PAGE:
Join in the celebration as Yorktown turns 70
The nation’s oldest aircraft carrier museum, the USS Yorktown (CV-10) is turning 70 and Patriots Point Naval & Maritime Museum is inviting everyone to join in on the celebration. On Sunday, April 14, Patriots Point will host a “Tribute to the Yorktown,” complete with a full day of activities, programs and fun for the whole family.
Throughout the day, the museum will provide visitors with a unique opportunity to walk in the steps of the men who served aboard this historic ship. An expanded open cockpit Sunday will provide access to even more aircraft on display and living history programs will give visitors a chance to meet and interact with sailors who served aboard the ship. At 2 p.m., the Charleston Community Band will perform in Hangar Bay III aboard the USS Yorktown, along with several musical groups throughout the day. These special programs are free with purchase of regular admission.
At 7 p.m. that evening, the party will kick off with performances by Charleston jazz icons Lonnie Hamilton, III and Ann Caldwell, followed by a very special USO-style show hosted by Brad and Jennifer Moranz. Food and beverages will be available for purchase while guests dance under the stars to music from World War II. Tickets for this special evening are $22 and can be purchased on the Patriots Point website: www.patriotspoint.org.
“For 70 years, the USS Yorktown has left an indelible mark on all those who walk her decks,” said Patriots Point Executive Director Mac Burdette. “She turned boys into men during times of war and peace. Ordinary citizens became heroes, and courage was an everyday occurrence. Today, she leaves visitors today with a greater appreciation for, and understanding of, the sacrifices of those who came before them.”
“Our celebration will honor ‘The Fighting Lady’s’ platinum anniversary by bringing her to life through educational and living history programs, as well as unforgettable musical performances that evening,” Burdette continued. “The USS Yorktown is more than just a Lowcountry landmark, she’s a national treasure. We hope everyone will join us on April 14 to celebrate her 70 years of service to our country.”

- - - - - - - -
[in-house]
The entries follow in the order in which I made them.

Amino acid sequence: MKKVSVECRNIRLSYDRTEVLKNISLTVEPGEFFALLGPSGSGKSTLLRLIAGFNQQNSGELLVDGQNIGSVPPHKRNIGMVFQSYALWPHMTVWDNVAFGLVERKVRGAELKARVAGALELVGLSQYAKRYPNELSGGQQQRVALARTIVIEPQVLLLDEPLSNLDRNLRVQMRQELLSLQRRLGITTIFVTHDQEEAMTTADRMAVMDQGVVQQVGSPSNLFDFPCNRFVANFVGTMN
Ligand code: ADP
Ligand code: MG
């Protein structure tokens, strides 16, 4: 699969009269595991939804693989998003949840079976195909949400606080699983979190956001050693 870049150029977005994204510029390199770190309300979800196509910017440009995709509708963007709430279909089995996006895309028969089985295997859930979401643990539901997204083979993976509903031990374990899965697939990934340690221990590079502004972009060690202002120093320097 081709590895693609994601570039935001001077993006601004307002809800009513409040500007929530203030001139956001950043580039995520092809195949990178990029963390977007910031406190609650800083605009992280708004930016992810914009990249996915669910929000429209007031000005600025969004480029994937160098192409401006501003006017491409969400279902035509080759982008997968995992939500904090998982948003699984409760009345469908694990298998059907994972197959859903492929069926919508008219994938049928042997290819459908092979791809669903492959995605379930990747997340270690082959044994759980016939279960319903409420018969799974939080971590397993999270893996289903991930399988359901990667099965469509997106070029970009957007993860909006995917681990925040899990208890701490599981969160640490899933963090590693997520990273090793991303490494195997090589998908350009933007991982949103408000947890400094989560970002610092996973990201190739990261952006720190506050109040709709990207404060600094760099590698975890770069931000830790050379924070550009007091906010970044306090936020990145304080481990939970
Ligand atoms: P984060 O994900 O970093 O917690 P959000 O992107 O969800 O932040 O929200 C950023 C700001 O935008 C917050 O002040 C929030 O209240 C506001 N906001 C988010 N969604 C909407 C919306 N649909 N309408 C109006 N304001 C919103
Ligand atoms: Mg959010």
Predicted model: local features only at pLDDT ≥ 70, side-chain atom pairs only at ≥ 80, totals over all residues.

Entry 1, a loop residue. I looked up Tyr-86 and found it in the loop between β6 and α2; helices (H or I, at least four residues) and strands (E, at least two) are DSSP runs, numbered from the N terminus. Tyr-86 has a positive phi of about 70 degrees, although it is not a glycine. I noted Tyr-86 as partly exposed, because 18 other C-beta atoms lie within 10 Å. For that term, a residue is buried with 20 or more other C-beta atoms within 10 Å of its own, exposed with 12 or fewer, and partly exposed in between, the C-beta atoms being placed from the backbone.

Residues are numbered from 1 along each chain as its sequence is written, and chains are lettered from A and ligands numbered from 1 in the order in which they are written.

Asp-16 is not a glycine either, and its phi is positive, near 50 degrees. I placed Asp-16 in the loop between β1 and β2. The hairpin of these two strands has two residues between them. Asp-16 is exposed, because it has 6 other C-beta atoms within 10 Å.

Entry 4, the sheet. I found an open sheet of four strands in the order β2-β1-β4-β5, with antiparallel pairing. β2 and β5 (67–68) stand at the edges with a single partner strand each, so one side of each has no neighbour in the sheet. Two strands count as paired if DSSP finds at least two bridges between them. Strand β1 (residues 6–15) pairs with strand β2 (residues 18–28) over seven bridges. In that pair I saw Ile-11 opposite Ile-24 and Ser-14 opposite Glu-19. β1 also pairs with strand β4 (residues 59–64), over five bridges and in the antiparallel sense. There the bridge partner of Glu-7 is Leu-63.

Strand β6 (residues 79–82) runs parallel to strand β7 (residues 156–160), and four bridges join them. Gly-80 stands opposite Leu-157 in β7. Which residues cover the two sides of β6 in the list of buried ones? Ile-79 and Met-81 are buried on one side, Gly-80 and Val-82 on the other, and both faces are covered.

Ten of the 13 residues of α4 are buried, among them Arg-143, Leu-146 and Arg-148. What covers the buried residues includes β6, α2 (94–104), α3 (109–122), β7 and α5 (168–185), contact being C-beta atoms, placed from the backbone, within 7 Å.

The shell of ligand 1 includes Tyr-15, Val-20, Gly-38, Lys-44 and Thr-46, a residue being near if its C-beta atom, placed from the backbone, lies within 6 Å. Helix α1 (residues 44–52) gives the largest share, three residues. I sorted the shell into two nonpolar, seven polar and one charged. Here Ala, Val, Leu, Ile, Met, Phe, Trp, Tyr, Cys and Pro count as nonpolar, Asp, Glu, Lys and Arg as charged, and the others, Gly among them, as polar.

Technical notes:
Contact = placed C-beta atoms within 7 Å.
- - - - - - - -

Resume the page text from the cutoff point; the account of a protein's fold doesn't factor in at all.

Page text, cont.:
The USS Yorktown (CV -10) was one of 24 Essex-class carriers built during World War II for the United States Navy. Built in just 16.5 months, Yorktown was commissioned on April 15, 1943. Named after the American Revolutionary War’s Battle of Yorktown, she is the fourth U.S. Navy ship to bear the name. Initially named Bon Homme Richard, she was renamed Yorktown while under construction to commemorate the USS Yorktown (CV-5), which was sunk during the epic Battle of Midway in June 1942. Like its namesake, the USS Yorktown (CV-10) was sponsored by Eleanor Roosevelt.
The Yorktown was modified twice at Puget Sound Naval Shipyard (SCB-27A 1951-53 and SCB-125 in 1955). Yorktown’s service spanned three decades and included participation in WWII and the Vietnam War. The ship also recovered the Apollo 8 astronauts and capsule in December, 1968. In 1974, the Navy approved the donation of the Yorktown to Patriots Point and the ship was towed from Bayonne, N.J., to Mount Pleasant to become the nation’s first aircraft carrier museum.
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